author's quite explicit limitation of horizon to Jewish Christians
and Jews would be very surprising if a Roman persecution of
Christians were in view. But more decisively, when early
Christian apocalyptic associatesthe persecuting Antichrist figure
with the Roman imperial power there is always allusion to the
Roman imperial cult. The Antichrist is then said to claim divinity
and to require worship. The false Messiah of the Apocalypse of
Peter merely claims to be the Messiah, and all the emphasis is
put specifically on the issue of who is the true Messiah (1:5;
2:7-10). This points to an inner-Jewish context: a debate bet-
ween the Christian claim that Jesusis Messiah and the claims of
a Jewish messianic claimant ..
If then, the false Messiah of the Apocalypse of Peter is a
Jewish messianic pretender of the period after 70 C.E. (since the
Apocalypse of Peter must be dated later than 70), there
are only
two possible identifications:
In the first place, we cannot neglectthe
possibility that the false
Messiahis the leader of
the Jewish revolt
in Egypt and Cyrenaica
in the years 115-117in the reign of Trajan 22.Though we know
very little
about it, it is clear that this revolt was on a considerable
scale. Of its leader we know (from Eusebius) only his name
Lucuas and the fact that Eusebius calls him «their king» (Hist.
Eccl. 4.2.4). A major Jewish revolt against Rome at this period
must have had a messianiccharacter, and a leader of sucha revolt
described as king must have been seenas a messianicfigure. Our
meagre sources tell us nothing of any persecution of Christians
during this revolt, and we may note that Eusebius,had he known
of such persecution, would certainly have mentioned it. But on
the other hand, we know that the rebellious Jews massacred
22. On this revolt and its messianic character, see especially M. HENGEL,«Messianische Hoffnung und politischer "Radikalismus"
22. On this revolt and its messianic character, see especially
M.
HENGEL,«Messianische Hoffnung und politischer "Radikalismus"
in der "judisch-hellenistischen Diaspora" », in D. HELLHOLM ed.,
Apocalypticism in the Mediterranean World and the Near East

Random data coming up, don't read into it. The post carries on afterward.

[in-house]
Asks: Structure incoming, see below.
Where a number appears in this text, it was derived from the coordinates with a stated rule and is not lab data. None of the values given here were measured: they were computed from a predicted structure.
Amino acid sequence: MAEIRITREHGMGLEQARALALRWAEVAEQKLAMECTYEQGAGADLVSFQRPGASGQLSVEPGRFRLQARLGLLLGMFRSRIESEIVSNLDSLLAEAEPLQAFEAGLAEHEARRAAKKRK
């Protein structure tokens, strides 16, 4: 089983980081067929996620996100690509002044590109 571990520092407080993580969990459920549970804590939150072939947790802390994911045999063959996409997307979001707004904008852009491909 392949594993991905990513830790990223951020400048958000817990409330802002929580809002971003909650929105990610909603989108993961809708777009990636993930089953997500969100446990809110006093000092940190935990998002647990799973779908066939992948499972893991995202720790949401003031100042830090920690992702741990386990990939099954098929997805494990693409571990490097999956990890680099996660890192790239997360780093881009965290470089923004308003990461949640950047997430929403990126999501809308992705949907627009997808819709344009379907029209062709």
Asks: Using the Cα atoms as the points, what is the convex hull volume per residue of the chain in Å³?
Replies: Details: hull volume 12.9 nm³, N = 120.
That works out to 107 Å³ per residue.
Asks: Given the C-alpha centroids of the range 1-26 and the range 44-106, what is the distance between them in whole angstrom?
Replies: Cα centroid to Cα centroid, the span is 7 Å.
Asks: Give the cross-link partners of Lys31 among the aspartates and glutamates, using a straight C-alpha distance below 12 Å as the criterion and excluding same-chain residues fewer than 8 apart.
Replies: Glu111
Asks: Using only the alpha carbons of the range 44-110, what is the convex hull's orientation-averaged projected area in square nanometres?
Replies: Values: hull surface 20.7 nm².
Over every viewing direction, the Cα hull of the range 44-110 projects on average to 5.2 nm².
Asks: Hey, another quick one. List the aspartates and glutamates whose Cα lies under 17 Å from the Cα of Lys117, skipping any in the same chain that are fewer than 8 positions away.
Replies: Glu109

(Tubingen: Mohr [Siebeck], 1983),p. 655-686(with references to other
literature).
APOCALYP~E OF PETER 35 Gentiles in large numbers. It is likely enough that Jewish Christians who
APOCALYP~E
OF PETER
35
Gentiles in large numbers. It is likely enough that Jewish
Christians who refused to join the Tevoltwould also have suffered.
One feature of the Apocalypse of Peter could support a sug-
gestion that it originated among Jewish Christians in Egypt
during the revolt of 115-117.In 10:5, one category of the sinners
in hell are the manufacturers of idols. The idols they made are
described as «the idols made by human hands, the images which
resemble cats, lions and reptiles, the images of wild animals ».
This has often been taken to refer specificallyto Egyptian
religion
and therefore to point to an origin for the Apocalypse of Peter in
Egypt. Images of gods in the form of animals were of course
especially characteristic of ancifnt Egypt, and of the specific
animals mentioned the first, dats, would infallibly suggest
Egyptian religion. Other Jewish texts which certainly or prob-
ably originated
in Egypt have similar references to animal
images (Wisd 12:24; 15:18; SibOr5 :278-280;Philo, Decal. 76-80;
De vita contemp. 8; Leg. 139; 163), often specifying cats and
reptiles (LetAris 138; SibOr 3:30-p1;SibOr Frag 3:22,27-30).
Since the Apocalypse of Peter qtost probably reached Ethiopia
via Egypt, it is possible that the rfference to idols in the form of
animals is a later glossintroduced Iinto the text of the
Apocalypse
of Peter in Egypt. The
reference is missing in the parallel passage
of the Akhmim text. On the other hand, there are few other
points in the Ethiopic
version of the Apocalypse of Peter where
there is any very good reasonto suspecta gloss,so that we should
be very cautious about resorting to
this explanation. In fact, there
is no Teal difficulty in supposing that this description of idols
could have been written by a P~lestinian Jew (cf. TMos 2:7;
LAB 44:5, for referencesto anim~l idols in a
Palestiniancontext).
Paul in Romans 1:23 refers to idol~
as «images resembling mortal
man or birds or animals or reptiles », and Justin refers to the wor-
ship of animals in a general discussionof idolatry, evidently using
specifically Egyptian forms of idolatry as an instance of idolatry